In the spirit of Black History Month, throughout February we’re featuring Black maintainers who are making impactful contributions to the world through open source. Safia is a maintainer on the nteract project and a software engineer at Microsoft. She has a passion for bringing people together to build great things.
Jupyter is a set of specifications for working with notebook documents that contain explanatory text and executable code in a single document. These notebooks are frequently used by data scientists, researchers, and educators to create documents that are reproducible, explanatory, and can be consumed by multiple audiences.
I started contributing to the project when my friend and mentor Kyle Kelley shared his vision for building an approachable ecosystem of tools to enable people to build on top of the Jupyter ecosystem. I was excited and inspired by his vision for building an open source community that was technically rigorous, contributor-friendly, and user-focused. I was so excited and inspired that I decided to join him and help build that community. The rest is history.
So many different ways—Twitter, public speaking, blogs, podcasts—anything and everything. I’m not too choosy about the ways that I share the projects I’m working on because I believe in meeting people where they are. In fact, I think it’s important for projects to reach out to users and contributors in as many different ways as possible.
Too many ways to count. Contributing to open source has: improved my programming skills, improved my code review skills, improved my technical writing skills, sharpened my engineering leadership, and so much more. Open source gives me an opportunity to exercise all my engineering muscles in an exhilarating and friendly environment.
My favorite moment as a maintainer of nteract is when a new contributor submits their first pull request. It’s always such a pleasure seeing a new avatar and screen name in the pull request tab within our project. It shows that our mission and approach resonated with another individual enough for them to contribute some of their valuable time to the project.
One of the things that I personally struggle with is being comfortable with not knowing everything. There is an inaccurate stereotype that maintainers are extremely knowledgeable super-developers that often works against me.
As if that stereotype isn’t enough, admitting that you don’t know something is really hard, especially when you’re a Black woman and people conflate “some” ignorance with “total” ignorance on a topic. Whether it’s being shunned from future technical discussions or outcast from career opportunities, a single mistake or admission of ignorance can permanently damage your career.
Overcoming the stereotype and the unique consequences of admitting ignorance that comes with being a Black woman in technology are challenges that I deal with every day. I’ll be honest with you and admit that I haven’t figured out the solution to navigating this unique intersection of stereotypes, but I work on it every day.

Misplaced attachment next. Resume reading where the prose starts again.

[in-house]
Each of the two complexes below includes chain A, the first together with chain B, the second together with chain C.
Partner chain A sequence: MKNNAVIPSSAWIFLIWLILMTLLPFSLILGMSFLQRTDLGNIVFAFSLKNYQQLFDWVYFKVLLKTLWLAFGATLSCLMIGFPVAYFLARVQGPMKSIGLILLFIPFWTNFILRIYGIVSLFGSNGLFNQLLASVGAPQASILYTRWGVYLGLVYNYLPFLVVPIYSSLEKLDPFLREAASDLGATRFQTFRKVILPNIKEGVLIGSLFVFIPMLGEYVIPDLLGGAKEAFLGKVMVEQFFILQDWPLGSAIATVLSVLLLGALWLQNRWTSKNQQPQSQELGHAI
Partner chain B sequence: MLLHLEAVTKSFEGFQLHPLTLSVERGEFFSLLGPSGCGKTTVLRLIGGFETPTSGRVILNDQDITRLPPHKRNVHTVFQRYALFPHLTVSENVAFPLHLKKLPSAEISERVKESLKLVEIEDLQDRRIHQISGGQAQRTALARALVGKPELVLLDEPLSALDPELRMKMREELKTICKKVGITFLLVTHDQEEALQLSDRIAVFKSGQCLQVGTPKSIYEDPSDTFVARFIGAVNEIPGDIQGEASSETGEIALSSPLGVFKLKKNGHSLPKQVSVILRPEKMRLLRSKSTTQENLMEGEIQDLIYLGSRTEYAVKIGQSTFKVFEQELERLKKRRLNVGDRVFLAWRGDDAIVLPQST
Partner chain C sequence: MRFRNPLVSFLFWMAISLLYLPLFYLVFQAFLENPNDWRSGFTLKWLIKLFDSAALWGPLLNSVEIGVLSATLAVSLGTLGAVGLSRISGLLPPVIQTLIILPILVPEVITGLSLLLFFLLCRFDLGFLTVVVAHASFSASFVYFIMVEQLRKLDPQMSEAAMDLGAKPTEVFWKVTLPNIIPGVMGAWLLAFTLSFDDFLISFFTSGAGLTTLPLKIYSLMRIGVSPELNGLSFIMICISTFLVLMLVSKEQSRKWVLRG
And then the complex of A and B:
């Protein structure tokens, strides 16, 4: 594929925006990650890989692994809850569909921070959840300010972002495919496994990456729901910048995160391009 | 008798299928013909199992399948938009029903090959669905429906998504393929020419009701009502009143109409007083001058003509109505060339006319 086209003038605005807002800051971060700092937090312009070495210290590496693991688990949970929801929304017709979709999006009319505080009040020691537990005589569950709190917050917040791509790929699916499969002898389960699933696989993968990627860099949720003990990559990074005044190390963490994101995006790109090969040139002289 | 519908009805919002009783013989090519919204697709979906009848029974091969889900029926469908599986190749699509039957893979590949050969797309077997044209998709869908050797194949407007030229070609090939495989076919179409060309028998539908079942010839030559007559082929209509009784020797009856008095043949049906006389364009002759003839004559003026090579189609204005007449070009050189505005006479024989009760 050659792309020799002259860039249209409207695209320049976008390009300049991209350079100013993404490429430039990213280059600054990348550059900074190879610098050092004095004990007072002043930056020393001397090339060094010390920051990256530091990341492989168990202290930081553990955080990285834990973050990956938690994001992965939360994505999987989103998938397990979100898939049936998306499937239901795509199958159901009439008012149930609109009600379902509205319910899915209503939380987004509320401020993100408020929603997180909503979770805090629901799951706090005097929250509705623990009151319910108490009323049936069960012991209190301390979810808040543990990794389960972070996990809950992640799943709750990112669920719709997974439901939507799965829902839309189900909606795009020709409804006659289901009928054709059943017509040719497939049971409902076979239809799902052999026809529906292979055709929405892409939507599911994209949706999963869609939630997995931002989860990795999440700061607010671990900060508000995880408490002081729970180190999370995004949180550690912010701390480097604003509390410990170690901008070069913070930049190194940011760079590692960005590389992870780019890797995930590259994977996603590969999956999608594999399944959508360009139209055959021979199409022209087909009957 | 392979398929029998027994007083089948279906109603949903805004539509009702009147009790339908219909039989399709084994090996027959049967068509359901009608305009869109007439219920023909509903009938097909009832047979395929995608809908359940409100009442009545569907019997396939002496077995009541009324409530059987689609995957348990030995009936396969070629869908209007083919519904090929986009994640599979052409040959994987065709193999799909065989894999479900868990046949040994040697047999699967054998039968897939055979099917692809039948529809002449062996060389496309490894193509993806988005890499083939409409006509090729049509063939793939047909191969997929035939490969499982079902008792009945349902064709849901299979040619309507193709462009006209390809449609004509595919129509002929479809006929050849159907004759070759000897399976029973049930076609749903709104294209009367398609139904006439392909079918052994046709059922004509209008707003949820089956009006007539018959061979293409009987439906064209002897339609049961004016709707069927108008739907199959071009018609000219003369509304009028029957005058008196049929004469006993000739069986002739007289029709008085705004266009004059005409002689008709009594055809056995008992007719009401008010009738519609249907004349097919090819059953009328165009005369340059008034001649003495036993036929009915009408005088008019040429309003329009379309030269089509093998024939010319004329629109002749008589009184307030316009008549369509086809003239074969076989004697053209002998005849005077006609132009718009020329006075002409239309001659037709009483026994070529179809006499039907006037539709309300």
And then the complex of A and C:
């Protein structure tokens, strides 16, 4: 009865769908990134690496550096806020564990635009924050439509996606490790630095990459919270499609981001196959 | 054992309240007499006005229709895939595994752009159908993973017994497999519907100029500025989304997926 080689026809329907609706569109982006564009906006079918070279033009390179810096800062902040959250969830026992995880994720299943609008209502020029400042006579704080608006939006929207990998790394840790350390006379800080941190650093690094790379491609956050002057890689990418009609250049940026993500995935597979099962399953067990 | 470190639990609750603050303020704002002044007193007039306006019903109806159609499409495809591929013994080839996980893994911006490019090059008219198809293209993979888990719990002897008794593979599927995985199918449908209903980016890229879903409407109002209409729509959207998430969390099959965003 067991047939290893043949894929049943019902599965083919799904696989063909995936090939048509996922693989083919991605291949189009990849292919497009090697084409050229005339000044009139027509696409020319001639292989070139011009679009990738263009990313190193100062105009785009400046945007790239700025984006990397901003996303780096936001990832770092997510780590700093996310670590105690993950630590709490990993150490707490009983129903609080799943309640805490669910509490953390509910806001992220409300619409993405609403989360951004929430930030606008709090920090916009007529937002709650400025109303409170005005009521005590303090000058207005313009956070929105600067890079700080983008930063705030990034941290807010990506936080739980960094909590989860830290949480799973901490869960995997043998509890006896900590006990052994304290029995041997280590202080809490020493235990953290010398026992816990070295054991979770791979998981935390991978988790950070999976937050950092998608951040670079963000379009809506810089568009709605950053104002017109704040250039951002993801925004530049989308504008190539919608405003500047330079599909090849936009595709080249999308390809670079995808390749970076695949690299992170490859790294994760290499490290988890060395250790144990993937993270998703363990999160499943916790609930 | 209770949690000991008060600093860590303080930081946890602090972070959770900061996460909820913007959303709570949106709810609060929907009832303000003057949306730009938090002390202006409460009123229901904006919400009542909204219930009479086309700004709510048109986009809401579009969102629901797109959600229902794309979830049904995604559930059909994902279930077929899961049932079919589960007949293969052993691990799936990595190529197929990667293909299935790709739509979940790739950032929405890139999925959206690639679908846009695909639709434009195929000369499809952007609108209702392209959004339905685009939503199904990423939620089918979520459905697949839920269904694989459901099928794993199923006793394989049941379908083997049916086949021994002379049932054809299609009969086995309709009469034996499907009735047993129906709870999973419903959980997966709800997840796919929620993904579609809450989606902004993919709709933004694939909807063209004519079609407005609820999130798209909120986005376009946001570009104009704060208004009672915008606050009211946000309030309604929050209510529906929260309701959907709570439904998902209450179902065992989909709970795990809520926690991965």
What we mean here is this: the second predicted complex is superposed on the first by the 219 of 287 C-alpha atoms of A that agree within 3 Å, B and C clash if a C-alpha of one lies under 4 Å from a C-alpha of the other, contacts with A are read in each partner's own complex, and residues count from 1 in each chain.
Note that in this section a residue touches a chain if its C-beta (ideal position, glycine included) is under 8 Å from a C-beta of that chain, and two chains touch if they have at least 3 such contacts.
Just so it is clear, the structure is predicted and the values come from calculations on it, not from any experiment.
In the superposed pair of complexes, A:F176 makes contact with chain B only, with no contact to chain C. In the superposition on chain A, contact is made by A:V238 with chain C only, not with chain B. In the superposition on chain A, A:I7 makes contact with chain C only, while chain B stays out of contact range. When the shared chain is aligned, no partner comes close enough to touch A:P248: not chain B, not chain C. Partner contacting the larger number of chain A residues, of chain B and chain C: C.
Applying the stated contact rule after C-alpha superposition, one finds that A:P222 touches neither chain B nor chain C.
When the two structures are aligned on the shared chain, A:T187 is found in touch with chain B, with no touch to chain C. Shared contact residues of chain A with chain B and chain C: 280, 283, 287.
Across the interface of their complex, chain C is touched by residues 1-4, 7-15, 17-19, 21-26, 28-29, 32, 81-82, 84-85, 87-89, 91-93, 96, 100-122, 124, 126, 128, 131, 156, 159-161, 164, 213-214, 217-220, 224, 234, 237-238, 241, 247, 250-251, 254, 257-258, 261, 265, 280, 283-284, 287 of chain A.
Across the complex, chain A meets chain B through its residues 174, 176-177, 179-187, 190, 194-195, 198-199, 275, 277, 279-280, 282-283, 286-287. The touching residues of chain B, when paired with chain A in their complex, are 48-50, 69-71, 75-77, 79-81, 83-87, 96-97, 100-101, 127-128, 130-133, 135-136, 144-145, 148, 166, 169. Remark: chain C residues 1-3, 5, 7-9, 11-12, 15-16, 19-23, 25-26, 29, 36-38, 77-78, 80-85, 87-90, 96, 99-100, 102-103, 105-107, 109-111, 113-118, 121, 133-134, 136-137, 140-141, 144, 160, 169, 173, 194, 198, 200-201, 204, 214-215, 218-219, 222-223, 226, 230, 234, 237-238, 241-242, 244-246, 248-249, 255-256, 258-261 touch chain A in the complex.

One of our main priorities on the nteract project is providing a smooth experience for contributors. We believe that making it easy for people to use and improve our project improves its long-term viability and health. At the moment, we’re looking for designers who can help build our style guide and improve the React component suite. This would help us build a more accessible and intuitive user experience across all our applications and reduce the barrier to entry for front-end development on nteract.
Yes. The nteract project—and most other open source projects—is always looking for contributors. We’re not just looking for coders either. We’d love to have documentation writers to help us develop more user guides for our project, designers to help us build out our design system and style guide, translators to help us with our internationalization efforts, accessibility experts to help improve the accessibility of our applications, and so much more. In fact, if you’ve got a skill and an interest in nteract, we can probably find a way that we can leverage your skill to make an impact on the project.
Focus on the people, not the code. I love working in open source because it allows me to solve interesting problems with people that I admire and respect. I’ve seen more than a few instances where people choose to be divided over frameworks, linter configurations, programming languages, and a variety of other things that, in my opinion, are trivial. All of these things are temporary, but the relationships with fellow maintainers and contributors are much more permanent and harder to remedy when damaged. When possible, always make the choice that will empower the most people.
Want to learn more about featured maintainers for Black History Month? Stay tuned, we’ll be posting this series every Friday throughout February.